Accident claim handling firm reports lukewarm profits

After having no choice but to issue a profit warning recently, the wheels may be falling off Helphire, an accident claim handling firm.

The company, based in Bath, has declared that both its full-year profits and its revenues will face significant losses.  The announcement sent its shares into a tailspin, resulting in a closing figure of £21.50.  The total loss was a 28 per cent drop.

The company mostly pointed to a combination of good weather and high petrol garage prices, which have led to fewer crashes being suffered by motorists.

Providing services for road accident claims, Helphire supplies so-called ‘blameless’ motorists involved in an accident with interim cars while it handles the repairs on any pranged autos.  Helphire additionally offers legal help for preparing any personal injury claims that may have been incurred during the accident.

However this is not the first time the firm has been in hot water.  At the height of the credit crisis two years ago, the company nearly shuttered as it reeled from the loss of its largest customer, Saga and AA owner Acromas.Saga.

Since that date, 1,200 employees have been made redundant, two instances of rescue fundraising efforts have been attempted, and two chief executive officers have come and gone as well.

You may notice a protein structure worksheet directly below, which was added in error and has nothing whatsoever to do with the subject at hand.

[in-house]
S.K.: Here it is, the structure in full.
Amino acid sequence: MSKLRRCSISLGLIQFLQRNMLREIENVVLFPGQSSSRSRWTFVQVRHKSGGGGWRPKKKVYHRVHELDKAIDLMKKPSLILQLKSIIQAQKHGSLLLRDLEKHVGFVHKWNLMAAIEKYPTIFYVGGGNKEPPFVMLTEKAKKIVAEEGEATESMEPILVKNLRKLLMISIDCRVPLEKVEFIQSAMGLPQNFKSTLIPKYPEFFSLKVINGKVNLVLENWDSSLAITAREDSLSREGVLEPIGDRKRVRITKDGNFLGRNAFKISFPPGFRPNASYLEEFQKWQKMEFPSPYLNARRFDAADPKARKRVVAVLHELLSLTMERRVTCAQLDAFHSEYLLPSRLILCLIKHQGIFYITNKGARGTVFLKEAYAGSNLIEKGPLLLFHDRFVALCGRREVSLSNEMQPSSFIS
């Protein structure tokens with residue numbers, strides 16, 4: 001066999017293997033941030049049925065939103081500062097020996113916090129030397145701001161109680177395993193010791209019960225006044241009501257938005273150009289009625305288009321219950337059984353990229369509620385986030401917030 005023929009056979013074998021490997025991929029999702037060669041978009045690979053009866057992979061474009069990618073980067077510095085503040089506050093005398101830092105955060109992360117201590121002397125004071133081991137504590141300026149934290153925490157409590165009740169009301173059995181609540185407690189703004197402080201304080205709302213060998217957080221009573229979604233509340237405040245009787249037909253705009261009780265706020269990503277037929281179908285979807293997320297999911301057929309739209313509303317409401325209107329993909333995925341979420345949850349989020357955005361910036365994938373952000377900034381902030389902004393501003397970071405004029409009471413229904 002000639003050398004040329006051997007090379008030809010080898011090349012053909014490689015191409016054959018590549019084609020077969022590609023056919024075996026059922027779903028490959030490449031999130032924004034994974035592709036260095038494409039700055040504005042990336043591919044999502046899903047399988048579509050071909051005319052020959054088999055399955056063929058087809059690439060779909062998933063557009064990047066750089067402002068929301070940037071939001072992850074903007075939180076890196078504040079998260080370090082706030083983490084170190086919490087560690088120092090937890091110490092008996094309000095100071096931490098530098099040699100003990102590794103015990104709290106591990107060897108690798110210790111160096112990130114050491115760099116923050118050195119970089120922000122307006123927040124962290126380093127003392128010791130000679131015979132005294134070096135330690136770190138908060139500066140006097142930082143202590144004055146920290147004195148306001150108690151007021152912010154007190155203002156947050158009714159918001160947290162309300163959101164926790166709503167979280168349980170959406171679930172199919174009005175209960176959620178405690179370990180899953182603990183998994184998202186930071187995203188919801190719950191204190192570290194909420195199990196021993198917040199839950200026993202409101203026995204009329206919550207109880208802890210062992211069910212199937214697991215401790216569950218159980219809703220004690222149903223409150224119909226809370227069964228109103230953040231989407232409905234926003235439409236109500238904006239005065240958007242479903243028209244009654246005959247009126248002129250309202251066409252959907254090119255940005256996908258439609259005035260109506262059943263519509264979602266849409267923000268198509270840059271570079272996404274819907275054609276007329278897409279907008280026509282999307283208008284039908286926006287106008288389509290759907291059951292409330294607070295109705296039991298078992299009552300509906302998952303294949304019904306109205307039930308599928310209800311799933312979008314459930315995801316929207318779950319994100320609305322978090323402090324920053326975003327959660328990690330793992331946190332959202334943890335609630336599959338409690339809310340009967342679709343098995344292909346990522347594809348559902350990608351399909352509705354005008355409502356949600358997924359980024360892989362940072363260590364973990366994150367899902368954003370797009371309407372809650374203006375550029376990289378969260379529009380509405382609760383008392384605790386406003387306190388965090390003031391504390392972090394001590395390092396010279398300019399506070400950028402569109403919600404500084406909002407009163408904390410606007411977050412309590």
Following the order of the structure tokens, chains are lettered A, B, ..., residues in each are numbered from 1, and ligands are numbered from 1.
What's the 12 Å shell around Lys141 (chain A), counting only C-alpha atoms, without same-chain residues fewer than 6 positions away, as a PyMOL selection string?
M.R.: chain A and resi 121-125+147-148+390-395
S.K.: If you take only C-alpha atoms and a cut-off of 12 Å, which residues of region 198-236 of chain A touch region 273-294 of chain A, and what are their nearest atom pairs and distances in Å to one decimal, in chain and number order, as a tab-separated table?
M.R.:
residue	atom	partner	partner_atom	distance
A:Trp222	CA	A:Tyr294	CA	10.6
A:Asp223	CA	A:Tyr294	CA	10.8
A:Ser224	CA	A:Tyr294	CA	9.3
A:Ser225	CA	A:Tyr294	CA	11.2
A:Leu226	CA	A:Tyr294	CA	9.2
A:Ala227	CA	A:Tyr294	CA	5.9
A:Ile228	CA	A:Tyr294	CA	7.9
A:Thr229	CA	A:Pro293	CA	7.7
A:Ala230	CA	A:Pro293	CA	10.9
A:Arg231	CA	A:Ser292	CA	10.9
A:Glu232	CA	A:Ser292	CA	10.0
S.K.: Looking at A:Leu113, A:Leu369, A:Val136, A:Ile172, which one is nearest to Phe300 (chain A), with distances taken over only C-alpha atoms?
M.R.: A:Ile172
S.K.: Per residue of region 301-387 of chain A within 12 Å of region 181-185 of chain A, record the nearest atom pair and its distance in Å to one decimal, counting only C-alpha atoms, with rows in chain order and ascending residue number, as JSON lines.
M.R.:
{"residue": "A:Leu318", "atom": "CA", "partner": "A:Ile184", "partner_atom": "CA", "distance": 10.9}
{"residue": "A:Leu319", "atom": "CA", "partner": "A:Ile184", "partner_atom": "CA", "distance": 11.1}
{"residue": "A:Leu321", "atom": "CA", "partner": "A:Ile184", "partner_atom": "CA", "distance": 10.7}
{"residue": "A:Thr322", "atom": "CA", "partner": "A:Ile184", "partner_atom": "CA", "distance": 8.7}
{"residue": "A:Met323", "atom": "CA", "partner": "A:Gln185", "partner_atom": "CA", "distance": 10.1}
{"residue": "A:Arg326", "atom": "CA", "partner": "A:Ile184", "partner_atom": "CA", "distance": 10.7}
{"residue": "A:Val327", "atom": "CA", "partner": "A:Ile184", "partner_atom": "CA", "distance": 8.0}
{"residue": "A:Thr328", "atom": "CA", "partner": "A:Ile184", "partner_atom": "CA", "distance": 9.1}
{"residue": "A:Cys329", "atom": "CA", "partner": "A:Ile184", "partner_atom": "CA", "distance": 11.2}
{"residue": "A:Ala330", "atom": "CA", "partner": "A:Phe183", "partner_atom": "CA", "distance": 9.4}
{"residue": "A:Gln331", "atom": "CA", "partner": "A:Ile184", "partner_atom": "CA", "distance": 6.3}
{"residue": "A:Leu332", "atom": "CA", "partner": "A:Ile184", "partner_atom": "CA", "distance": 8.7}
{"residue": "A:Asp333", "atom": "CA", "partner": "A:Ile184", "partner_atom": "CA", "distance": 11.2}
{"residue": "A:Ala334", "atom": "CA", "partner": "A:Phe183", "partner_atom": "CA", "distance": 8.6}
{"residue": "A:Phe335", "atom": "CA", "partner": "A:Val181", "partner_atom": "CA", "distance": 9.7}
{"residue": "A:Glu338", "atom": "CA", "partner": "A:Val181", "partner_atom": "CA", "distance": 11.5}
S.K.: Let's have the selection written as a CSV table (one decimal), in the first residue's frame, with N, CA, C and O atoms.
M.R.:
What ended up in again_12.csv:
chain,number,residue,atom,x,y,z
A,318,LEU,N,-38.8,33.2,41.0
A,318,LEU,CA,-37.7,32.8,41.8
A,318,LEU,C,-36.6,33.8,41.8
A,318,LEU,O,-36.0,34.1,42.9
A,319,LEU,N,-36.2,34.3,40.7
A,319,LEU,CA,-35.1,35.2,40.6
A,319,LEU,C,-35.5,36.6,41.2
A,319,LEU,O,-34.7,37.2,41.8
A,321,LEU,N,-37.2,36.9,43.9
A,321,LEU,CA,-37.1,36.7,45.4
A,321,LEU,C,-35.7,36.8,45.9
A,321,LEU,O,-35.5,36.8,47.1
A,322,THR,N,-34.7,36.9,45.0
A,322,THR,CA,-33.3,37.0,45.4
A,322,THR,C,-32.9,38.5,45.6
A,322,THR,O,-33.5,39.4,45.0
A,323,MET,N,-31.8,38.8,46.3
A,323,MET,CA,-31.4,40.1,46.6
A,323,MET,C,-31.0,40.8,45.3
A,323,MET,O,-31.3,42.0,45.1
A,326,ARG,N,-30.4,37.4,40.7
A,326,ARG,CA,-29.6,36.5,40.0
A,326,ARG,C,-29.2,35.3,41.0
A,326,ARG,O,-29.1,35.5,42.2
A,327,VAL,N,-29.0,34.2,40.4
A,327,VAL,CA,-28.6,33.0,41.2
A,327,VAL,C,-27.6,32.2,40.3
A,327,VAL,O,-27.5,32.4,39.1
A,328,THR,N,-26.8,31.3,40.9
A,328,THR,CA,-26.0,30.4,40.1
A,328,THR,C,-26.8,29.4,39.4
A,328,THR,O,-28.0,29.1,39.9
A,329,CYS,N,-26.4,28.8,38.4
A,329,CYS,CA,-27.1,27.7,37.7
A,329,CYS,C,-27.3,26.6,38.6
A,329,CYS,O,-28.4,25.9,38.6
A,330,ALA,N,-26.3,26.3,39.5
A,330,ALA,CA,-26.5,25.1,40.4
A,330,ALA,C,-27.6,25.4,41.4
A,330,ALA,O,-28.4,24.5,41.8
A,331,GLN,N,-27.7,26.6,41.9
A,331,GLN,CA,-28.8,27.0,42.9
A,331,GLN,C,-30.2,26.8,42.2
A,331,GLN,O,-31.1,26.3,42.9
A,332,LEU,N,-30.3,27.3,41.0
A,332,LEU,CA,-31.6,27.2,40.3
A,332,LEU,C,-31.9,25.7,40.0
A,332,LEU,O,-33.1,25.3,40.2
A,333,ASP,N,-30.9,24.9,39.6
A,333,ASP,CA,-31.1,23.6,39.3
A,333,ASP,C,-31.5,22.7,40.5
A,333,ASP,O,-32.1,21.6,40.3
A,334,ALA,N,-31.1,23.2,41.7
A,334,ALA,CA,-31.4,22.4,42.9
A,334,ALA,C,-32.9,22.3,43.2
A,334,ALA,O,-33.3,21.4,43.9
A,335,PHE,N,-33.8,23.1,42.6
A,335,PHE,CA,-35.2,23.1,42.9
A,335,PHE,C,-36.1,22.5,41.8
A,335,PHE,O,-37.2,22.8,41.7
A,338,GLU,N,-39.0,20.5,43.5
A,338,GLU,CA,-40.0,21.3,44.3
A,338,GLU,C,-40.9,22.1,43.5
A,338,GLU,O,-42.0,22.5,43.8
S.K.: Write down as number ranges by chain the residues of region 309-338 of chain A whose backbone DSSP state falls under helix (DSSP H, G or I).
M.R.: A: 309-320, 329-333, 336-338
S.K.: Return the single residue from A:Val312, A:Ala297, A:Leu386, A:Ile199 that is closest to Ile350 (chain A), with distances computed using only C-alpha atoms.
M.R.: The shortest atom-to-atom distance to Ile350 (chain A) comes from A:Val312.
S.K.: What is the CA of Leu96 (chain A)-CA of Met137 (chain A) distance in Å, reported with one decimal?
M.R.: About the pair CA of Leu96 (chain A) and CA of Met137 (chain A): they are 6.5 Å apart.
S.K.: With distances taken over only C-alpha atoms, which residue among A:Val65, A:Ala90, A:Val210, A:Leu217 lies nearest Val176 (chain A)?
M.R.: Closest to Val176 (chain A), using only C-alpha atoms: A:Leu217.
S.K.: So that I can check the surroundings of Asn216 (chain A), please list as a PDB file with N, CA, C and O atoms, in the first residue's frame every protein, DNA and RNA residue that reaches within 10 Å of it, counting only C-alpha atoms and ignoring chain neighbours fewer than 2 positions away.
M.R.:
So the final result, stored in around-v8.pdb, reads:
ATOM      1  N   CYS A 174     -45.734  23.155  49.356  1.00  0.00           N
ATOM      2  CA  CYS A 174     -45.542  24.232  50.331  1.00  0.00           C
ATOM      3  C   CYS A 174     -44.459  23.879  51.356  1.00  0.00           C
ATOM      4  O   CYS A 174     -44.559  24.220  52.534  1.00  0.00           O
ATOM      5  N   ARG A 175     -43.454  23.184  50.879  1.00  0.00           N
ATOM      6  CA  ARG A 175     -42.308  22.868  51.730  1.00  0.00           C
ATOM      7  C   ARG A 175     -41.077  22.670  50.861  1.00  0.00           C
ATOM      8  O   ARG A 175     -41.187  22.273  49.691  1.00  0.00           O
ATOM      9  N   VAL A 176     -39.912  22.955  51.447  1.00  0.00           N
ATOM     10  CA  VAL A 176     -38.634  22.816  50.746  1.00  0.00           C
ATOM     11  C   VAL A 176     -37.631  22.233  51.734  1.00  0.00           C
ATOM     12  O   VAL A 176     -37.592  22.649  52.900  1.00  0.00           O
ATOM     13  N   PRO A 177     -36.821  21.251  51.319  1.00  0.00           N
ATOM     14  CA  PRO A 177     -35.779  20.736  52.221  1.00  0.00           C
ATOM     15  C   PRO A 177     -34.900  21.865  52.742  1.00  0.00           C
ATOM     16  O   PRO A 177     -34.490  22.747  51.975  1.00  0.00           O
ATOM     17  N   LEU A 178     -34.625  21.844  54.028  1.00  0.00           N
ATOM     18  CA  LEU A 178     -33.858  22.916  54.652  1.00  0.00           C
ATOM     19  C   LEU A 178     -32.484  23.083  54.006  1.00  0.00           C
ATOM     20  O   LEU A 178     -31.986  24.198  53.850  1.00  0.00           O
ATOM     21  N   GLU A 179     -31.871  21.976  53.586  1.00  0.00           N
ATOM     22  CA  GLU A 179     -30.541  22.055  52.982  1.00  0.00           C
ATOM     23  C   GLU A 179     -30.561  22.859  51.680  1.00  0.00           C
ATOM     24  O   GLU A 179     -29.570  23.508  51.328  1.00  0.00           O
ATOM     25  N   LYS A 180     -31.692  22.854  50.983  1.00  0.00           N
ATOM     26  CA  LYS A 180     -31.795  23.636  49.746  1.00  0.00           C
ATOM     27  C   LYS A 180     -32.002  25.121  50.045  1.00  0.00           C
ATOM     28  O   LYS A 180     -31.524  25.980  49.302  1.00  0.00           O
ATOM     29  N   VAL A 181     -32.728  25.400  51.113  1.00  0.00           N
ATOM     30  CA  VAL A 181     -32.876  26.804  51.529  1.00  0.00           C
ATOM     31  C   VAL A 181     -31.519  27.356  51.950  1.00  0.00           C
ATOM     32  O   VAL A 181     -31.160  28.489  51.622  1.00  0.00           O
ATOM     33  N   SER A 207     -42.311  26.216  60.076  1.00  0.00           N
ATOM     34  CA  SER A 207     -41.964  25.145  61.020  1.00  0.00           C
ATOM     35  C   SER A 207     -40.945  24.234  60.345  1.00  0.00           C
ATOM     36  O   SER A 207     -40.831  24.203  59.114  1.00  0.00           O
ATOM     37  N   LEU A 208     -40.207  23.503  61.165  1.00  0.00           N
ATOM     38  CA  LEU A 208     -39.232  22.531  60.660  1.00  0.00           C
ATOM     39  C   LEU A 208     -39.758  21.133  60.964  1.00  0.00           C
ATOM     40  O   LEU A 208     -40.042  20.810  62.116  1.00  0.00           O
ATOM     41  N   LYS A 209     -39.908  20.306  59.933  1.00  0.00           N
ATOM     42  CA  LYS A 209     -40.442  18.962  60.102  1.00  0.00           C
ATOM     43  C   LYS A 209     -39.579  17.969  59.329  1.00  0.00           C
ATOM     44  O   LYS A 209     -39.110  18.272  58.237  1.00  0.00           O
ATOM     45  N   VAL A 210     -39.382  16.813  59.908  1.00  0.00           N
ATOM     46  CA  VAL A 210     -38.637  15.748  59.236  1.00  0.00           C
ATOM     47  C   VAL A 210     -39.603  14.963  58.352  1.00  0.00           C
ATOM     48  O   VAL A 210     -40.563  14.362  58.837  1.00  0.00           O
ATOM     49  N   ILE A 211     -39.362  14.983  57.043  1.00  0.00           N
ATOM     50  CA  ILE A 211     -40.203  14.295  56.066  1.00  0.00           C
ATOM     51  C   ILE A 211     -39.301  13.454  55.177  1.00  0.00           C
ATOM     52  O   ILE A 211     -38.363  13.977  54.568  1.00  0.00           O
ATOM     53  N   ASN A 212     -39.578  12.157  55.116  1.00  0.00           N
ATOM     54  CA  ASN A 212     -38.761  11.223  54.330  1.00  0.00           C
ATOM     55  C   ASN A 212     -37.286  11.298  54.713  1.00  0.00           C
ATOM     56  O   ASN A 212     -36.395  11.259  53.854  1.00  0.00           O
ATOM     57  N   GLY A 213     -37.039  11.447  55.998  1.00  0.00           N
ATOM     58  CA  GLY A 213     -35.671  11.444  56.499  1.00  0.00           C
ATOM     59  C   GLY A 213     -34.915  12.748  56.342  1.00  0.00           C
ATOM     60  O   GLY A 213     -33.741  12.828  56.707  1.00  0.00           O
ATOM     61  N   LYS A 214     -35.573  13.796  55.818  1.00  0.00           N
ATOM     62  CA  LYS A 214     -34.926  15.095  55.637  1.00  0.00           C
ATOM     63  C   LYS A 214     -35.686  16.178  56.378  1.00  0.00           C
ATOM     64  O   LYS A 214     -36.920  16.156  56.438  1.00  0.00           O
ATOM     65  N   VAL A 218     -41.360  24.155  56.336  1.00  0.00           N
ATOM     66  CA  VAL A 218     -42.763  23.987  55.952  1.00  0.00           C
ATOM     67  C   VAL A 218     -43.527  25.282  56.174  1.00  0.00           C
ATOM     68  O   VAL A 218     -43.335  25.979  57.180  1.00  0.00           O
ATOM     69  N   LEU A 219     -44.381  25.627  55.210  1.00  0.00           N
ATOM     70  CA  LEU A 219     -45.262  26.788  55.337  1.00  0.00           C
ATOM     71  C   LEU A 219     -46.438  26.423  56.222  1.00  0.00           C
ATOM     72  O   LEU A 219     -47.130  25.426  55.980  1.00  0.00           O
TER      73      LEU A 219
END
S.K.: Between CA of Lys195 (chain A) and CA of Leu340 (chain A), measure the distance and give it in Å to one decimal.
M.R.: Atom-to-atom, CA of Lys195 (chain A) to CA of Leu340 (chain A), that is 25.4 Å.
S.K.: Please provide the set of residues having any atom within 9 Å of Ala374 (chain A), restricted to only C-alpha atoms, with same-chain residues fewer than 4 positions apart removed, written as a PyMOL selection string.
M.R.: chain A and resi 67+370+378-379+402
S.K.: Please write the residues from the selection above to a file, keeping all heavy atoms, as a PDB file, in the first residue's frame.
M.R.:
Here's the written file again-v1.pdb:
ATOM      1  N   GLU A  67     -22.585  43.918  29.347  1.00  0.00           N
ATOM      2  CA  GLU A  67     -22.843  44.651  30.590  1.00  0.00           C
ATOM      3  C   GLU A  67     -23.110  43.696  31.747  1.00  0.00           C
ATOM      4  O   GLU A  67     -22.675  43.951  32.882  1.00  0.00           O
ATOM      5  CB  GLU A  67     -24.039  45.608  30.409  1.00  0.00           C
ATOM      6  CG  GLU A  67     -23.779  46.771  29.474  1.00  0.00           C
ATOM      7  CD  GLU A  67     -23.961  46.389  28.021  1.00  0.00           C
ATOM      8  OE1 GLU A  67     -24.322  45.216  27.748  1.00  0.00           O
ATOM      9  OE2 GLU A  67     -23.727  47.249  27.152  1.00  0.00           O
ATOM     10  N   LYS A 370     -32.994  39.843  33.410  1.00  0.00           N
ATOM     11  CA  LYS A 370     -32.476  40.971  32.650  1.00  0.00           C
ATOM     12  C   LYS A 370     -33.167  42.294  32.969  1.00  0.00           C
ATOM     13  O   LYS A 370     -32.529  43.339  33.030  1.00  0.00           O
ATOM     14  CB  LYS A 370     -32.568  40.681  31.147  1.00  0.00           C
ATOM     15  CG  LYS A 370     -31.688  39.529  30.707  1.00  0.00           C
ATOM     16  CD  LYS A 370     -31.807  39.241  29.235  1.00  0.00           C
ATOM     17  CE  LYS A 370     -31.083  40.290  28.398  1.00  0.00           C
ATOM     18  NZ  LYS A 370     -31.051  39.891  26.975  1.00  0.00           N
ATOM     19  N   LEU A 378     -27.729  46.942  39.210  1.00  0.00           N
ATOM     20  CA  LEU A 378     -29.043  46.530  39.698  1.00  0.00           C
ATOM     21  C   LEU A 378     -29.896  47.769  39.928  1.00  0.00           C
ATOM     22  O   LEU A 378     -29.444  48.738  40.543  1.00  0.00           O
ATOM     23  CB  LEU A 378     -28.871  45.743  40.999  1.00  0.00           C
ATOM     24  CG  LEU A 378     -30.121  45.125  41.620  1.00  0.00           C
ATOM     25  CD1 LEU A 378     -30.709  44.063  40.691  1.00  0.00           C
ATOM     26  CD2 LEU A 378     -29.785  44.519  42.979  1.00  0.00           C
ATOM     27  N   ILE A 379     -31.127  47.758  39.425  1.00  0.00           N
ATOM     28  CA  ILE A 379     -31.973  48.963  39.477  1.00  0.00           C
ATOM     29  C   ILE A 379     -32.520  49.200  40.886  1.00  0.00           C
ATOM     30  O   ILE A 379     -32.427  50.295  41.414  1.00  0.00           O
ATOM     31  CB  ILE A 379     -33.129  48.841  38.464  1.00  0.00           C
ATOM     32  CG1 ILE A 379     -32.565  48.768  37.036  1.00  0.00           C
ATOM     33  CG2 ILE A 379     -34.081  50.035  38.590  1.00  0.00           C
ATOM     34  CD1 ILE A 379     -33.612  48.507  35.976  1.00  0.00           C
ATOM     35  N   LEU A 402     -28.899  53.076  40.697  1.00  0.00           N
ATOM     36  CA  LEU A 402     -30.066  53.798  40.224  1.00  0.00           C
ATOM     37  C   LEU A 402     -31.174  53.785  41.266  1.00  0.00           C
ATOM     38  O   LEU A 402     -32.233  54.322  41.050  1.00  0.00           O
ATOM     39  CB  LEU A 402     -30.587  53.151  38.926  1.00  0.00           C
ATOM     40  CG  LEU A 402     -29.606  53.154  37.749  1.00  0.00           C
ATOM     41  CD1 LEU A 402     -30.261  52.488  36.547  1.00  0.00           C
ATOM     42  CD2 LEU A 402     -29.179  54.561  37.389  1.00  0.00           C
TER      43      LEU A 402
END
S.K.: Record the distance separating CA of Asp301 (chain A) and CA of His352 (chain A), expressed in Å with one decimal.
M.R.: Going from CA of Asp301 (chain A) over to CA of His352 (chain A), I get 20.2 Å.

Despite successes related to the firm’s efforts to undergo major overhauls earlier in the year, business has still been bleak for the traffic accident claim help provider.  Recently company head Martin Ward stated that he had hopes that business would become more brisk, as the seasons turn to the winter, which traditionally has been a period of the year when crashes tend to happen more often.  Pre-tax profits for the firm however are estimated to be approximately £13.9 million, which compares unfavorably to the £21 million predictions made by analysts.

© 2014 All rights reserved. Reproduction in whole or in part without permission is prohibited. See our copyright notice.

Tags: , , ,

Leave a Reply


6 × = twelve

Back to Top ↑